“When evening came, his disciples went down to the lake, where they got into a boat and set off across the lake of Capernaum. By now it was dark, and Jesus had not yet joined them. A strong wind was blowing and the waters grew rough. When they had rowed three or three and a half miles, they saw Jesus approaching the boat, walking on the water; and they were terrified. But he said to them, “It is I; don’t be afraid.” Then they were willing to take him into the boat, and immediately the boat reached the shore where they were heading.”

“The next day the crowd that had stayed on the opposite shore of the lake realized that only one boat had been there, and that Jesus had not entered it with his disciples, but that they had gone away alone. Then some boats from Tiberias landed near the place where the people had eaten the bread after the Lord had given thanks. Once the crowd realized that neither Jesus nor his disciples were there, they got into the boats and went to Capernaum in search of Jesus.”

The lake mentioned here is the Sea of Galilee which averages about 6 miles across. So according to the text above the disciples rowed about 3 1/2 miles across (which means they were somewhere in the middle) and then Jesus appears, walking on water (another miracle) and once they took Him into the boat they immediately appeared at the shore. So Jesus instantly teleported the boat, the twelve disciples another 2 1/2 miles to the shore. Well, so there you go, if all these guys in various labs are working really hard, then very soon we might all be realizing a dream that we as humans have had for over 2000 years.

India Shining: A Technology Update – Part 3 The Government

This is a continuation of my previous two posts about India Shining on Republic Day 2010.

Part 1 : The Military / Part 2 : Space Technologies

In part 3, the spotlight is on the government. I can already see some of us rolling eyes at the screen when we talk about the Indian Government and Technology. To be honest I would have done the same if I had not gone looking for information regarding the use of technology in the Indian Government. Although at a crawling pace, our government has managed to take up certain firm and good initiatives in introducing technology into the government services. However, with increased technology comes increased transparency which I am sure the red tape and bureaucracy within the government can be highlighted. And that is something our government does not want to pitch for.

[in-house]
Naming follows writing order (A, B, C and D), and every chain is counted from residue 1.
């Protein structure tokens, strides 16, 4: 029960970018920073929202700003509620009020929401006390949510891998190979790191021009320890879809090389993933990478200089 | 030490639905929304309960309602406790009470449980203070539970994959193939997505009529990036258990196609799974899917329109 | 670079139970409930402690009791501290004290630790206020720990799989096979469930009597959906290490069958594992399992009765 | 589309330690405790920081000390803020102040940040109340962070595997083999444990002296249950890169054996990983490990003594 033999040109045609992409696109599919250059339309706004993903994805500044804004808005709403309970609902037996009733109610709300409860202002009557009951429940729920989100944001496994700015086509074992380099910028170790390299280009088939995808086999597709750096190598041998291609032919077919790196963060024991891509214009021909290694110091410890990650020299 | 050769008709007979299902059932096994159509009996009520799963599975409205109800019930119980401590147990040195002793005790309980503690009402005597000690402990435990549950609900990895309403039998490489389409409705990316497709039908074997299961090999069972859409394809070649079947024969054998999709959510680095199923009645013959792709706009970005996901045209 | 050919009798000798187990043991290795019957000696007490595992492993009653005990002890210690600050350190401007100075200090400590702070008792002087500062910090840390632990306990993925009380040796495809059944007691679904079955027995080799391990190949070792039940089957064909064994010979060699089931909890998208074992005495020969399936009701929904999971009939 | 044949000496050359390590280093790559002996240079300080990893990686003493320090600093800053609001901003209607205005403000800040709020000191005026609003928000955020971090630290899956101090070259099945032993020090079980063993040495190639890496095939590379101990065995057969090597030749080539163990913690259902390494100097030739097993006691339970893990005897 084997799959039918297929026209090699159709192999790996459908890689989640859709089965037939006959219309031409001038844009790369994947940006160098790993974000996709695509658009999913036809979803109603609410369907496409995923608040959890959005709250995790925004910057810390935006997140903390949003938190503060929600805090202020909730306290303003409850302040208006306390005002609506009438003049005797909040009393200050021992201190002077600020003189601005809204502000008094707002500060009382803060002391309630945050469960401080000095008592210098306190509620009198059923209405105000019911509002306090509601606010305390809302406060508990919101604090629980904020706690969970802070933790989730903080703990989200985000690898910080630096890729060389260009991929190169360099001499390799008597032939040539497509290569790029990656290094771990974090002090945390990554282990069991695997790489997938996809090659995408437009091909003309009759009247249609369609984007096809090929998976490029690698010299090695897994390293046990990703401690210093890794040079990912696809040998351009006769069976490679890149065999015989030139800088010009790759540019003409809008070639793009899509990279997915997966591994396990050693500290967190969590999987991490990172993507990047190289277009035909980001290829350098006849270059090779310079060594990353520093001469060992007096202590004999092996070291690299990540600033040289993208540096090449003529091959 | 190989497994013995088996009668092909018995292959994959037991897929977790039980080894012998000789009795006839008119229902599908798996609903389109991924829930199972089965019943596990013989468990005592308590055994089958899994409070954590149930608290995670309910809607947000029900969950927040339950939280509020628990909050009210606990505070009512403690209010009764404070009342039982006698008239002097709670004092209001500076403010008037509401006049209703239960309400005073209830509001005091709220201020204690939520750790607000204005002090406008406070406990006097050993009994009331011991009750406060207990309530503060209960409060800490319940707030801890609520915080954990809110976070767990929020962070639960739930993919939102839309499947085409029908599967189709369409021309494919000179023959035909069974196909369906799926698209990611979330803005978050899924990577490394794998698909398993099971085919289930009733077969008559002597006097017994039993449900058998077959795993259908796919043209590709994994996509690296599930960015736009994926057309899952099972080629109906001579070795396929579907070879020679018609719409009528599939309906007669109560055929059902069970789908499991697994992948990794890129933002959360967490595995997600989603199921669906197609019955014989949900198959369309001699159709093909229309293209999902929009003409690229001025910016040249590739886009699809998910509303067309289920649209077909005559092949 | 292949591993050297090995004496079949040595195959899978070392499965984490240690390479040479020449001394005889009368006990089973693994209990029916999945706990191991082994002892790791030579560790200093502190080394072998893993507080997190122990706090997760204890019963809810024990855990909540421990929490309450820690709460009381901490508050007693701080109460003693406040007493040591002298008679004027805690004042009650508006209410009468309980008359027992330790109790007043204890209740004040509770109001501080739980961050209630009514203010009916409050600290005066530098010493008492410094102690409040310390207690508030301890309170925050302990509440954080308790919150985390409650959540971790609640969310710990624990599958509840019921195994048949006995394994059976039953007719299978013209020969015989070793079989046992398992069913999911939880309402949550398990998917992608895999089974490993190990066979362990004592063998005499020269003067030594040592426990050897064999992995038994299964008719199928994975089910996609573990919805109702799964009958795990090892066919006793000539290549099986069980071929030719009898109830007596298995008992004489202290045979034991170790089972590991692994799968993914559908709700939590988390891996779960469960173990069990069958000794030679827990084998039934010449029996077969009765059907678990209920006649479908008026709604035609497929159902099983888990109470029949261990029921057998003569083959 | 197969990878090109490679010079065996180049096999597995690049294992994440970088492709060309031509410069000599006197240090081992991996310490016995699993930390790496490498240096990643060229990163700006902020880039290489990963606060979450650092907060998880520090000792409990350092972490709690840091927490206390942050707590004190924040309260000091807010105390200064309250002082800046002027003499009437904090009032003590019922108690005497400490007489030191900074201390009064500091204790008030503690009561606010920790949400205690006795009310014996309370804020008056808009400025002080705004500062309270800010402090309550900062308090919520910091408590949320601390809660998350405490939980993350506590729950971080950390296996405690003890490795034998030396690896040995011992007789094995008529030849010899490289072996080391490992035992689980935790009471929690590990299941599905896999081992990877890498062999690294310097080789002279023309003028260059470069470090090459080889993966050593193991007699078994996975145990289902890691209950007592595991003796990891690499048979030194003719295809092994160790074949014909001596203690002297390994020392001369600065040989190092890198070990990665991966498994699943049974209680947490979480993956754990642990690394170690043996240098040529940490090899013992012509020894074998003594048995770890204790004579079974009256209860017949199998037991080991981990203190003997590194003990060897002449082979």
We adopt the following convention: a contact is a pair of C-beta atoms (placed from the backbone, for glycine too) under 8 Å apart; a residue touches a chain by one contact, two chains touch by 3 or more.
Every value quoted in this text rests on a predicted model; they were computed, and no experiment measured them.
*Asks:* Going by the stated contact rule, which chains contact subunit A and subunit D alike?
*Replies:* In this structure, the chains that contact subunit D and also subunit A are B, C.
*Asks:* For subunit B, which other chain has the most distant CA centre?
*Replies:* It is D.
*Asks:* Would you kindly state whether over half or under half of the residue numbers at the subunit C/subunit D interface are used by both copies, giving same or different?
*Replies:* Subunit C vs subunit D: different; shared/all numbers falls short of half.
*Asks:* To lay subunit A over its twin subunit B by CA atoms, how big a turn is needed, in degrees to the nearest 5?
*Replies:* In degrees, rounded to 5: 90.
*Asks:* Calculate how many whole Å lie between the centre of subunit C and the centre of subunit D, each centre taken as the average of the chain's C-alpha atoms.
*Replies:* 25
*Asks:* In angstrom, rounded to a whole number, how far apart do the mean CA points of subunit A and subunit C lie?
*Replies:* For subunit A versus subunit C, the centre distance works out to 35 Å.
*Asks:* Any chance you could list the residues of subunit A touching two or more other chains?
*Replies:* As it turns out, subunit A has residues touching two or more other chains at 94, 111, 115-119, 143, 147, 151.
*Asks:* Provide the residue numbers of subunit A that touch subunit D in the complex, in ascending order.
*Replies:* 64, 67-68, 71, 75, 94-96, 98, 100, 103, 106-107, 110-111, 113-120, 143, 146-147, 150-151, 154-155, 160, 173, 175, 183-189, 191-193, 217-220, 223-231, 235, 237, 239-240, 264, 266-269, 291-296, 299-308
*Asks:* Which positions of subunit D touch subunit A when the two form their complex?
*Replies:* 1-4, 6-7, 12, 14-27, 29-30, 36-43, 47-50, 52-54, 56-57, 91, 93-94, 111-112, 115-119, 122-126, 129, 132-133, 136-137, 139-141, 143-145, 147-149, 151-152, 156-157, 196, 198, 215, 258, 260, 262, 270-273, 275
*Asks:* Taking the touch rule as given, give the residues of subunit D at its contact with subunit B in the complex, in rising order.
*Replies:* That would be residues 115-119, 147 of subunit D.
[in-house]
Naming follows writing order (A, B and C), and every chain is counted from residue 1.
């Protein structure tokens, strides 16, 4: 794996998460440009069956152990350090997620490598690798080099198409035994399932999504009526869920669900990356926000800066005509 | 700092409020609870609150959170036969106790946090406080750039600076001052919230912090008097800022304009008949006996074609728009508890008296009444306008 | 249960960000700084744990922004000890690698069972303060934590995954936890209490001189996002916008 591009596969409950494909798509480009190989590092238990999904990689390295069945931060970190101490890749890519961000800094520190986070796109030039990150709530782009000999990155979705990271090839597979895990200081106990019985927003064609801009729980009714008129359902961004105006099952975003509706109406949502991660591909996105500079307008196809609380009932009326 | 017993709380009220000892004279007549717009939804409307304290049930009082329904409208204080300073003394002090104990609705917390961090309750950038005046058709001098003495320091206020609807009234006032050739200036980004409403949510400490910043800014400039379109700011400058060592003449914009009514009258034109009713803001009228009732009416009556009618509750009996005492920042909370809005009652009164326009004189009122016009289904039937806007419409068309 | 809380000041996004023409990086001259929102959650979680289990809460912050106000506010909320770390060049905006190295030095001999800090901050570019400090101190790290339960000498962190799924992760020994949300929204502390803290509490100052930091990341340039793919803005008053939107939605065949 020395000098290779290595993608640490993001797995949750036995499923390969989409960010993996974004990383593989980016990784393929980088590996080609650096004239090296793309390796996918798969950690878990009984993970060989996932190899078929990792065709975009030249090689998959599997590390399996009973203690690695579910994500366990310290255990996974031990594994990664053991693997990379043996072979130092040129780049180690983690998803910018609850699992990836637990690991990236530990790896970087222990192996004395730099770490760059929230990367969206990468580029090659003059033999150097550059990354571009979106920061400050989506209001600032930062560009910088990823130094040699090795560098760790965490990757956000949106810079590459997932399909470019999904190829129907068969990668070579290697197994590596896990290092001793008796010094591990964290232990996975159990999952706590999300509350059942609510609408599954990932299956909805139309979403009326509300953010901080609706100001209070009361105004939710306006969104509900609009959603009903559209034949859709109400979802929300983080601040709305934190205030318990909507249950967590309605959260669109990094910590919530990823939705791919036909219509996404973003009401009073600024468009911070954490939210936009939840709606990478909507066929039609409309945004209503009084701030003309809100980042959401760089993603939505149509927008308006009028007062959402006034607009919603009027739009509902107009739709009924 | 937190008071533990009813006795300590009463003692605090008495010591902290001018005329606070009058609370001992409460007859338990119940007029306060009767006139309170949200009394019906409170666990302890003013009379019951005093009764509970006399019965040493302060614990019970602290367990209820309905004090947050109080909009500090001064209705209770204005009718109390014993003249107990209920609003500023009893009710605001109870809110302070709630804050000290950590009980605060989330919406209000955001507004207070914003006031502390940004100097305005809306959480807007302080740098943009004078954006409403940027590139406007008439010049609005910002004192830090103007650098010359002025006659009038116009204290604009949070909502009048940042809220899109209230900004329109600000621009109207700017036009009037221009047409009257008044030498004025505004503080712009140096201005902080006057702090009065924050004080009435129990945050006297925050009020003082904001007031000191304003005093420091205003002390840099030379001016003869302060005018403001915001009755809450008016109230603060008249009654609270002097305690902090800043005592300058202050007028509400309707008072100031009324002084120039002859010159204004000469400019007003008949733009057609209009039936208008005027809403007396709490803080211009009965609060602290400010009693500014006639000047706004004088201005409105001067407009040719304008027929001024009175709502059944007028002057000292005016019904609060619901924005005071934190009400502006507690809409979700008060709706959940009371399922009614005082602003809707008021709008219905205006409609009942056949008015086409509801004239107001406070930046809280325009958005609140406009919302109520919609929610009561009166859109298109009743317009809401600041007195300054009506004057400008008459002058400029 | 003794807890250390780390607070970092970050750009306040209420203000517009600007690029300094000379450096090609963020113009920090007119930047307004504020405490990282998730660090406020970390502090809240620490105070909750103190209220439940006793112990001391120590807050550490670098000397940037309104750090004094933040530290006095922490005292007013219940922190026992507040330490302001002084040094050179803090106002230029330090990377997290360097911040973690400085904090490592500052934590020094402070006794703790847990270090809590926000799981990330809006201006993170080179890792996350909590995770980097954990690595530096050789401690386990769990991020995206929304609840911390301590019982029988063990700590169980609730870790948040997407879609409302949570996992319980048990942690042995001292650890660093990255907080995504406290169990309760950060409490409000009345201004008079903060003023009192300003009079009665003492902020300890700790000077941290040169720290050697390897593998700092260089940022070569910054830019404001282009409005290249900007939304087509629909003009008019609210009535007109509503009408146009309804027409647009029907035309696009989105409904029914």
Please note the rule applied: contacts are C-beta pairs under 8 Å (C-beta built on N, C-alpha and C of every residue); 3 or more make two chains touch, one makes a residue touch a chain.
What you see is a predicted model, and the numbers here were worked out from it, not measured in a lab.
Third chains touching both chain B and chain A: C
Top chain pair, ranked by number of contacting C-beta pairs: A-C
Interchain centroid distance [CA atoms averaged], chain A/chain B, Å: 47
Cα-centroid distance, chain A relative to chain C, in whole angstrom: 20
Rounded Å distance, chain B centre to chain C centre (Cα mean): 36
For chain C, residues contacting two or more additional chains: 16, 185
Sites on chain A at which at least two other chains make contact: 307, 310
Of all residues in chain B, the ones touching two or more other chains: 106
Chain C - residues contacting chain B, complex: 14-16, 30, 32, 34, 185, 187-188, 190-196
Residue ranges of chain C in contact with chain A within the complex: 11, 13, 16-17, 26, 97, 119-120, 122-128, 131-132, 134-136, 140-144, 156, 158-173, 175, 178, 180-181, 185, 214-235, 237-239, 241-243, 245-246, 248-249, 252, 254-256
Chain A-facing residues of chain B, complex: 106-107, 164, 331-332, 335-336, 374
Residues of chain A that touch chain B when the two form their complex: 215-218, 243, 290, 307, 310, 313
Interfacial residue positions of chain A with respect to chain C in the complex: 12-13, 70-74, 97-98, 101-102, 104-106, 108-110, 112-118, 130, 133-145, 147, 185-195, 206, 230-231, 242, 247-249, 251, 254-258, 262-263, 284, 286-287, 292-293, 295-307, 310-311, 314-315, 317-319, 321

If you visit the India portal of the government of India we can confirm that, we clearly missed the train with regards to e-Governance and to make up for the failed attempt, the Government IT department which is essentially the National Information Center launched a series of websites over the years. There are specialized websites for all government sectors or at least links that can be found, starting from the personal website of the Honorable President of India, to Centralized Banks. All these links can be found here, In fact you can dig through the services to find out more departments and regional offices as well. As listed here, there are more than 3000 websites dedicated to the Indian Government Departments and organizations. Check them out here as well.

Having said that there are some noteworthy web sites and services that are definitely to be mentioned,

  • ISRO vs. Google Earth : As discussed in the last post, ‘Bhuvan’ the mapping service from ISRO stands out as a jewel in the crown.
  • The work of NIC to spread the improve the Indian web presence worldwide took a huge appreciation last year.
  • The Indian tourism website and the slogan Incredible India are now present worldwide thanks to the effort of the Tourism Department of India, However as a country we are not yet ready to accept mass influx of tourists.

I have visited many state run websites lately and have rarely found one that is well designed and well maintained. It’s worrying when you consider the claim (usually from NASSCOM), that India is a Software Giant. It is said that India is called a Sleeping tiger because India’s progress is not because of government but despite of it. Still, after so many years of impressive growth in software business, if better technology has not reached the Indian governments and the public, something is surely missing.

Having said this I am going to bring about the amazing Indian software sector that undeniably is vastly ahead of its government counterpart, and posts like this might give the required encouragement to software firms to approach government  to upgrade their services, websites etc. to be in a position that we can get in par with the name ‘Software Giant’.